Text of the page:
RC: Absolutely; this was my life, nobody taught me this. I just watched my grandfather. In 2000 I was the first one in Genoa, and one of the first in Italy, to start a butcher/restaurant where we break down the whole animal on site. I also started dry-ageing beef. I’m not saying Fassona beef is better or worse, but it is different. It comes from Guarene, a village just opposite Barbaresco in the heart of Piedmont, where they have white truffle, Nebbiolo grapes, hazelnuts and Fassona. It’s a beautiful region. Believe me, I’ve never eaten good food that comes from an ugly place – never!
In 1856 in Guarene the first cow with naturally hypertrophic muscle was born, making Fassona the leanest breed of cow in the world; the meat has less cholesterol than salmon or chicken. I wanted to prove at the time that you don’t need a lot of fat to get flavour; it’s more about the animal’s life and what they eat. Then it’s how you treat the meat: I dry-age the legs for two weeks, the anterior part for just one week and the steaks for seven to nine weeks – it’s all different.
AD: Did you dry-age the meat because it was so lean?
RC: In my opinion, you need to dry-age the steaks for this kind of time to get the flavour I wanted. Because it isn’t fatty, the meat is quite sweet; for raw meat, it’s the best in the world. Take beef carpaccio: if you balance the sweetness of the raw Fassona beef and the spiciness of extra-virgin olive oil from Tuscany, there’s no comparison. Just two ingredients, but you have the best Italian biodiversity in your mouth. That’s why Italian cuisine is so powerful. It’s all about the land, the wind, the sea, the mountains, the countryside; everything together. We need to promote this, the true cuisine. In the 80s everybody became interested in making Italian food and they started adding cream into carbonara, ketchup into tomato sauce and so on. I’m not blaming them – people can do whatever they want – but real Italian cuisine is completely different.
AD: Given your passion for Italian biodiversity and ingredients, how did you come to open Fish Game?
RC: About 10 years ago, I fell in love with English cuisine after eating at St John. At the time, I thought English cuisine was just fry-ups and fish and chips. I think perhaps most English people don’t fully appreciate their own cuisine, which is strange to me. A friend of mine took me to St John and I had a beautiful lunch – Fergus Henderson is a genius, in my opinion – with game, fish and pork. It was so tasty and reminded me of my grandmother’s food, that pure taste of the ingredients. From that moment, I started to travel all around Great Britain: Scotland, the Lake District, Cumbria, Cornwall, everywhere.
AD: Just as you had in Italy?
RC: Exactly. And I had incredible meals, made with local ingredients: rabbit in Barnsley, beautiful white pig in Yorkshire, seafood in Cornwall. I had the same philosophy of biodiversity, just applied to Great Britain, and I wanted to mix that with Italian recipes. This is why the Fish Game menu has, for example, Tigella; it’s a blend of Italy and Britain, in that it is a traditional bread from Emilia-Romagna, named after the pan it is cooked in, usually served split and stuffed with Parma ham. Here I have filled it with rabbit from Devonshire, a traditional Ligurian recipe with black olives, extra virgin olive oil, thyme, lemon juice and garlic.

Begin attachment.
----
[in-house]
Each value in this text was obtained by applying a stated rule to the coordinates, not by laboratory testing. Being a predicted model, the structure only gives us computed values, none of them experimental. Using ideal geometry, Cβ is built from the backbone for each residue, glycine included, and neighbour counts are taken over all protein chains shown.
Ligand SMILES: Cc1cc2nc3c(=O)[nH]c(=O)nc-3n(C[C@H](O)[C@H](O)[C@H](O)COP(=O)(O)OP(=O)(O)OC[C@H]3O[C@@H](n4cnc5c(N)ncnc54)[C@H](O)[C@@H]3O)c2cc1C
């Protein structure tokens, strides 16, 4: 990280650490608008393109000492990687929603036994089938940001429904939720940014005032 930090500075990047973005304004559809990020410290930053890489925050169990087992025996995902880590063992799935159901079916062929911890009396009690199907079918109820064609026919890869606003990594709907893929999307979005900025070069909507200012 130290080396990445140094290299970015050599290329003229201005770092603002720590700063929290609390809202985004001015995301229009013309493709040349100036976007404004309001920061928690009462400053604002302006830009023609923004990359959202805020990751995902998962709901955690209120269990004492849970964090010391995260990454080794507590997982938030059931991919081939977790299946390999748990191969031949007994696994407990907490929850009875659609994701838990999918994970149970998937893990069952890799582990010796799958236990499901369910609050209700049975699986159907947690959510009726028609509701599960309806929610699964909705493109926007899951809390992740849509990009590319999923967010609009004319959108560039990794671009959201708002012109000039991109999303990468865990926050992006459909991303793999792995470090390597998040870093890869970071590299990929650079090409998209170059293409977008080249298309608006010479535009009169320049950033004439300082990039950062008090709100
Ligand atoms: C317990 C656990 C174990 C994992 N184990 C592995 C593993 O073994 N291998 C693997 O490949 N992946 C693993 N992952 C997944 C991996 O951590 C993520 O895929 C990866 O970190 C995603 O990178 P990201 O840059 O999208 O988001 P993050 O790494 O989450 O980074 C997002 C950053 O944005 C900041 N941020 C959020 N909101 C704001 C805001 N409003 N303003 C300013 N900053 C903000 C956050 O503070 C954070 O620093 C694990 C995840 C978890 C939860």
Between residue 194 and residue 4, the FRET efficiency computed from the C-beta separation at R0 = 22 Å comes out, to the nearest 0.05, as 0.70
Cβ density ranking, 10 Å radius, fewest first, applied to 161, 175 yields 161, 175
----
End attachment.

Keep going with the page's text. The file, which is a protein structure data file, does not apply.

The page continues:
AD: What brought you to London?
RC: We came in 2012 for the Olympic Games and I fell in love with London; it’s such a cosmopolitan city, and just a two-hour flight from Genoa. London has been like a university for me. There is so much competition in the hospitality sector, and you can only improve if you compete with others better than you. London has all the different cultures, but expressed in a vertical way; you have Indian street food in Camden, and Michelin-starred Indian food in Mayfair.
I can compare Chinese and Italian cuisines; if people don’t know Italian food they think it is all pizza and pasta, but it’s so much deeper, and different in every region. It’s the same for Chinese food. People think of spring rolls and Cantonese rice but every region is unique, with so much variety.
My death row meal would always be at St John
AD: Have you read Fuchsia Dunlop’s latest book, Invitation to a Banquet? If not, I really recommend it – it’s about exactly this idea, I think you’d enjoy it.
RC: No, but thank you, I will look for it!
AD: So, back to London.
RC: Yes – I fell in love with London, and the competition, and I knew that I could improve myself a lot. To tell you the truth, the biggest satisfaction of my life has been in London. Eight months ago, I became an Italian knight (Cavaliere) because as an Italian entrepreneur I work with thousands of employees in Italy to help them achieve their goals and I work with and support many Italian producers.
AD: Yes, I read about that – congratulations, that is a remarkable achievement. How do you marry the championing of Italian produce with this new focus on British ingredients at Fish Game?
RC: Don’t get me wrong, I don’t think there are any boundaries to quality ingredients. I cannot eat grouse or Dover Sole in Italy like I can here, but here you can’t eat fresh red prawns from Santa Margherita. That’s the beauty of it. I’m just at the beginning of my journey with Fish Game.
AD: Do you see this becoming a chain like Macellaio RC?
RC: I hope so. It’s a really dynamic concept; you could open a restaurant like this with seating or you could have just a counter, the ovens behind it and a till – like the Barbary, or Casa Brindisa.
AD: Just to finish, who are your favourite chefs, or what are your favourite restaurants, in London at the moment?
RC: St John and Fergus Henderson, without a doubt. Then, I really like Brat and Fallow. These are my top three. But my death row meal would always be at St John.
Photos provided courtesy of Roberto Costa and Amanda David.